Hospitality in Belgrade

Urooj Qureshi
Jun 14, 2013 · 4 min read
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City of Belgrade, Serbia

It took us three hours to drive from Timisoara, Romania, to Serbia’s capital city — Belgrade. Once war-torn, this city has transformed itself to rival major tourists destinations like Paris, Rome, and Madrid. The top 3 differences between a western European city and Belgrade are:

Belgrade was nothing like I had imagined it to be. My mind had conjured up images I had seen on television during the 1990’s — bombs falling from the sky, smoke and destruction everywhere. I expected to see the aftermath of a war-zone. But no, Belgrade is beautiful! The city and its inhabitants have shelved the the past and moved on. They have embraced the effort for peace and progress.

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Serbia-Romania border crossing

We arrived in the city during the Friday evening rush hour. The city was lit up and bustling with young people. We had some trouble finding our way around because all the road signs were written in Cyrillic. Helpful locals, however, helped by guiding us to navigate to our destination. We found parking in a lot near our hostel, grabbed our backpacks and started walking to our hostel. When we turned on to the street with the matching name of the street where our hostel was located we walked right up to the “correct” street number. There was actually no number outside the building — we took a guess.

A gentleman in his late 60’s answered the door while talking on his phone. He welcomed us in with a warm smile. We were impressed by the decor and artwork on the walls. I whispered to Maria, my girl friend back then, that we got a really good deal. I mean a private room in an luxurious apartment with antique furniture and decorations collected from around the world. There was fine cutlery and elegant coffee mugs lined up on the kitchen counter. This place was for the “ refined backpacker “. For just $25 a night, this place was a steal!

Getting comfortable on a very nice sofa I leaned in towards Maria and chuckled, “Wouldn’t it be funny if we were at the wrong address?”.

The man, still on the phone, served us water and sat down on a sofa nearby. He continued to talk on the phone for another 10 minutes leaving us wondering about the customer service at such a fine establishment. He seemed like a jolly fella’, so we continued to be patient and admire the beautiful sculptures and paintings. Once he got off the phone we discovered that the man did not speak any English — only Serbian and a bit of French. That’s no problem, I am a seasoned traveler. I can deal with this. Plus I speak a bit of French. Using the best of my communications skills I asked the man where we could check in? He said something but I didn’t understand. We continued using gestures to make friendly conversation. The man sat comfortably in his sofa and told us how he had fled Serbia during the times of conflict. He was now retired and was happy that there was peace again. I had to really focus to understand his French with his Serbian accent. At the same time I wondered where’s the English speaking lady that I spoke with over the phone? May be she was out to get something? Maybe she was off-shift?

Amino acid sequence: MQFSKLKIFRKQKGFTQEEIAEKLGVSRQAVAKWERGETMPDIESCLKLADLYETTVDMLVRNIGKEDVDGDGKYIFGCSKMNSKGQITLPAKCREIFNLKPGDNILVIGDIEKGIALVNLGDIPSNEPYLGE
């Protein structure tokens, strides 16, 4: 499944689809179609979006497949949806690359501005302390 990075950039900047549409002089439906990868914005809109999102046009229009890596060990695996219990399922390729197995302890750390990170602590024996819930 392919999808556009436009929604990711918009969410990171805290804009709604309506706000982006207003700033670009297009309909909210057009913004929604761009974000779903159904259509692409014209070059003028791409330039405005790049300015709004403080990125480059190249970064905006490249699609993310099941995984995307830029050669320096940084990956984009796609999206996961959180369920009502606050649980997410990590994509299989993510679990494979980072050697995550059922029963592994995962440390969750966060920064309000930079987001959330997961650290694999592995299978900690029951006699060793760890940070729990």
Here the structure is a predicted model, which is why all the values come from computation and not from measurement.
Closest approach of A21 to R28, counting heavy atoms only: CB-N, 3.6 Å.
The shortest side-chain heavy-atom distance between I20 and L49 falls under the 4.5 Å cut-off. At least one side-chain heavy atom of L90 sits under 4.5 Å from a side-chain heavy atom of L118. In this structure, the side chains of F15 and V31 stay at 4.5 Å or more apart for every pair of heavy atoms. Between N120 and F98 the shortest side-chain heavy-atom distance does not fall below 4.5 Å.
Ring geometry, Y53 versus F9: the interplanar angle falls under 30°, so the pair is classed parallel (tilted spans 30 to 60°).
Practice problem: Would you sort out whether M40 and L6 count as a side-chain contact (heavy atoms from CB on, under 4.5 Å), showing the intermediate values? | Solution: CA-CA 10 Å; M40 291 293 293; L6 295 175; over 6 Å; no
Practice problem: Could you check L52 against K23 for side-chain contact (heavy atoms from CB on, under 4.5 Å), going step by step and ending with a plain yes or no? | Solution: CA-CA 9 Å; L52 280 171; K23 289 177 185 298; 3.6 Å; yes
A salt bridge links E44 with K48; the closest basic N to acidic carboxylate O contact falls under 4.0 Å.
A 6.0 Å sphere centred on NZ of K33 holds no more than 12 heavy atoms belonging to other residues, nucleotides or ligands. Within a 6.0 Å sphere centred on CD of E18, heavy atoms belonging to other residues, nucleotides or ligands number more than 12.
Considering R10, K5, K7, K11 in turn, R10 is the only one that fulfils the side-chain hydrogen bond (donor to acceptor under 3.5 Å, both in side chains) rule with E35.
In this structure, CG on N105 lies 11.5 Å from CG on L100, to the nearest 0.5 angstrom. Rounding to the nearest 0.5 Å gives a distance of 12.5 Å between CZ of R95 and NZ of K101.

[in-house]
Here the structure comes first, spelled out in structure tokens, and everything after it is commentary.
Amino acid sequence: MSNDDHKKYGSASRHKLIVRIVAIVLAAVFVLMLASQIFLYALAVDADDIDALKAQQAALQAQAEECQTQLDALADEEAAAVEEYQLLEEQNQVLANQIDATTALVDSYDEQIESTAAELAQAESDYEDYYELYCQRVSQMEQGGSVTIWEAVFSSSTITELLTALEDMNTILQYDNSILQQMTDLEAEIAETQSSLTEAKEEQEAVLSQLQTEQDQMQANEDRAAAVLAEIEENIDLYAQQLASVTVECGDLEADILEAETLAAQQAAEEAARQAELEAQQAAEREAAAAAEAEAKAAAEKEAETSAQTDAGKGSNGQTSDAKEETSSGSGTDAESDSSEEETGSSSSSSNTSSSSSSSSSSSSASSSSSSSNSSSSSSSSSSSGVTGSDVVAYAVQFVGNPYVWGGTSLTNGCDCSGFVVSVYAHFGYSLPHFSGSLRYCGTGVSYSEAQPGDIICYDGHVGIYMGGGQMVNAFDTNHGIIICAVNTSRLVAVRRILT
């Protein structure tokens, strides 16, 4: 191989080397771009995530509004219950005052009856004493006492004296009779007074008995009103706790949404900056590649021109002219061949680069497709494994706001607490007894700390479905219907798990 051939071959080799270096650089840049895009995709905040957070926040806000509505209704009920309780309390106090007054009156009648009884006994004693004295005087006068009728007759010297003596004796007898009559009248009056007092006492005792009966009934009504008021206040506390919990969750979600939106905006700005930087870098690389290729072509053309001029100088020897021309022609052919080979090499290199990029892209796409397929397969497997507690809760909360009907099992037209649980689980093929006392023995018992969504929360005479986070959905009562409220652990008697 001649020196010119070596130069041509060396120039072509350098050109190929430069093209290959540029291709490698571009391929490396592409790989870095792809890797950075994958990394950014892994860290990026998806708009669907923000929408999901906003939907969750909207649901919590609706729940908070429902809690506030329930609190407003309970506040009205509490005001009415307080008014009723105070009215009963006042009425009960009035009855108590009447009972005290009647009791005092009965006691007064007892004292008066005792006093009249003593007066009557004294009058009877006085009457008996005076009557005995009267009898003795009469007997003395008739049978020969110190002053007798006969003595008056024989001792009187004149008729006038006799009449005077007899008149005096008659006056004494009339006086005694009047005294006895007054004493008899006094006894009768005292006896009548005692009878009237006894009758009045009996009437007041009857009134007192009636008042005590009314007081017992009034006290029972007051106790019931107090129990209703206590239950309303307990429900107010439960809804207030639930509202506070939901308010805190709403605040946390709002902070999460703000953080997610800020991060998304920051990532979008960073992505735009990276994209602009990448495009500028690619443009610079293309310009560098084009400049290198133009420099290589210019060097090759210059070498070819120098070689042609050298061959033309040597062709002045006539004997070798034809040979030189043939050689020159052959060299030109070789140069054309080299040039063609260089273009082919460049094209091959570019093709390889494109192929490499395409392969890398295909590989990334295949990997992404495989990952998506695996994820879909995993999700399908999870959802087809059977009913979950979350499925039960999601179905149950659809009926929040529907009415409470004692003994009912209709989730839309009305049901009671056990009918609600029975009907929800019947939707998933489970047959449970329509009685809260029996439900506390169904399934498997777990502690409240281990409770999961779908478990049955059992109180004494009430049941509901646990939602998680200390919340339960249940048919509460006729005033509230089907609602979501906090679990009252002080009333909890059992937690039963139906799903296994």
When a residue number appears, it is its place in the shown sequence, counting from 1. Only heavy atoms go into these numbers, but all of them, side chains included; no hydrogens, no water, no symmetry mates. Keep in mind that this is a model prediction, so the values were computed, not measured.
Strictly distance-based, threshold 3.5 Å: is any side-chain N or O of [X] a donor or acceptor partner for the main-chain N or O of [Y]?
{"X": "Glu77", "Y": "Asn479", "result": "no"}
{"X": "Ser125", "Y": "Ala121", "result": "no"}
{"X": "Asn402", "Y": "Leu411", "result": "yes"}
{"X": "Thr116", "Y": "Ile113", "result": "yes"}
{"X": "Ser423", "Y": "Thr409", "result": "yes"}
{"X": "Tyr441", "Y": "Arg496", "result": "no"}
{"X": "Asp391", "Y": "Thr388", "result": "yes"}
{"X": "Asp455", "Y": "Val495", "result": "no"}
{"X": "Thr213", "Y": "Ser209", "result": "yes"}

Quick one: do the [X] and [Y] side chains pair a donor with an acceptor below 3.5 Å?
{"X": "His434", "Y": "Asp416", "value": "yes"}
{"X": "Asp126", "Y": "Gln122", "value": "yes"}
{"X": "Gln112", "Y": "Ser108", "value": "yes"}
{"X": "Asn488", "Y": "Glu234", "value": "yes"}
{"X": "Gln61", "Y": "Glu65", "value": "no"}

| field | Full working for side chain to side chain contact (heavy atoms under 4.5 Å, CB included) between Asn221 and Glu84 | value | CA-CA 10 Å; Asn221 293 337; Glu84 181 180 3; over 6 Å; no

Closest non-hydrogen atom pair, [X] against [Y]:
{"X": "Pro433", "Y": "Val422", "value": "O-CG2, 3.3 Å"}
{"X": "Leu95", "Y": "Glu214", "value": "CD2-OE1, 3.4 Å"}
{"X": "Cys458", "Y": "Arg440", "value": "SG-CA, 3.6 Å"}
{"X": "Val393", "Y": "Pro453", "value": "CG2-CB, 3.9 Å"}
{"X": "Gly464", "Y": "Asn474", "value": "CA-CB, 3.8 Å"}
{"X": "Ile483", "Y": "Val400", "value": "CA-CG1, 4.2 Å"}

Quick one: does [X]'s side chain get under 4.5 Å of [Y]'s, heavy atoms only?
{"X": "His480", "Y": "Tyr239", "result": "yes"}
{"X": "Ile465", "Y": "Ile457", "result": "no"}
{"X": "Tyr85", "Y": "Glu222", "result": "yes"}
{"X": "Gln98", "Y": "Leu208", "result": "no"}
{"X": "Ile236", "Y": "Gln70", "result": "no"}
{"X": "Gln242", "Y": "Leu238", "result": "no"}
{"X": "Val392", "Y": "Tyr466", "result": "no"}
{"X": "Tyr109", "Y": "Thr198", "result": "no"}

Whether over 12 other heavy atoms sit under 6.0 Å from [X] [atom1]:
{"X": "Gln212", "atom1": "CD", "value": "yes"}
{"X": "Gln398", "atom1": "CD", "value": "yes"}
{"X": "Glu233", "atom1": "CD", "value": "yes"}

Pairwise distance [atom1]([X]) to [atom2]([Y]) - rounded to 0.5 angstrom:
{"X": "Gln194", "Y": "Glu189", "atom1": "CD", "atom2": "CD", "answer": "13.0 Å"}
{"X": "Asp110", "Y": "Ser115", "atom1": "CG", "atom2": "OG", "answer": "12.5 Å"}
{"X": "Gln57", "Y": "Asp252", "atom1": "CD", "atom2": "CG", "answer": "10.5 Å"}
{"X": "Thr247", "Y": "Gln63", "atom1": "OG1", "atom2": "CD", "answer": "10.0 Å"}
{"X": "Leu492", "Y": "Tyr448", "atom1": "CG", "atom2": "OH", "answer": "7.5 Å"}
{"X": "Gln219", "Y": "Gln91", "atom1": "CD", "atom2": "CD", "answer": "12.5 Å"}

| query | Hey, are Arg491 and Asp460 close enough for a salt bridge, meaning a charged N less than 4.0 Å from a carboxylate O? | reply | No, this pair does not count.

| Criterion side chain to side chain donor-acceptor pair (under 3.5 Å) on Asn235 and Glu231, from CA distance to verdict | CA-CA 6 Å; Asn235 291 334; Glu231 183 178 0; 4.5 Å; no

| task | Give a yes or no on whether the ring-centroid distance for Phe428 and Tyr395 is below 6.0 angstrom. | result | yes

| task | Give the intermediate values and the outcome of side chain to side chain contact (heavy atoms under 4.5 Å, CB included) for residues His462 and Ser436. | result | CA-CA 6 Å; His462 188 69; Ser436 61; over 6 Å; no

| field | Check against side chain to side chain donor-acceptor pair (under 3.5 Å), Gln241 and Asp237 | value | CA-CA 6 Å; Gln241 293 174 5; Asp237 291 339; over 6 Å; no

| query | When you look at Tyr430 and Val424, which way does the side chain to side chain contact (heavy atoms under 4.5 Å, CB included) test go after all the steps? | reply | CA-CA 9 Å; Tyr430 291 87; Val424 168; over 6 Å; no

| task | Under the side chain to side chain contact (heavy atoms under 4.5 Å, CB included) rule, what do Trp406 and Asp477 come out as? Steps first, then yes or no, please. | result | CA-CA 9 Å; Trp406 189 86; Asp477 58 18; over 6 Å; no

At one point in our conversation I asked the gentleman if we were at the hostel? Immediately the man said, aha. He got up from his comfy sofa and walked towards a window next to a staircase leading up to a second floor. Finally, I thought, he’s going to show us to our room. He stopped at the window and pointed to a building and gestured, “ hostel “.

We had been resting in the man’s house for nearly half hour. He had welcomed us, made us feel comfortable, served us, and shared his story without a clue of who we were! We apologized for the confusion and thanked him for his hospitality. He insisted we stay to eat or have a drink.

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“Robo” trash bins in Belgrade

After we left the man’s company, we wondered if we’ll encounter more Serbians just as welcoming and hospitable as the one whom we had just met. The answer was yes! Our experience with Serbians just kept getting better and better. Belgrade is an important city in Eastern Europe with a rich history and a lively community. Everywhere you look, you see young people and cool technology. The people are kind, friendly, and extremely welcoming. There are many attractions to visit, culinary experiences to enjoy, and art and architecture to admire.

Maybe it was those dramatic images I saw on TV as a child made me notice the contrast between Serbia’s past and present. It felt good to be there and see that things are getting better.

About The Author

Urooj Qureshi is pro Adventurer and storyteller. Follow his adventures on Instagram @uroojqureshi.


Originally published at http://www.living-being.com on June 14, 2013.

Living Being

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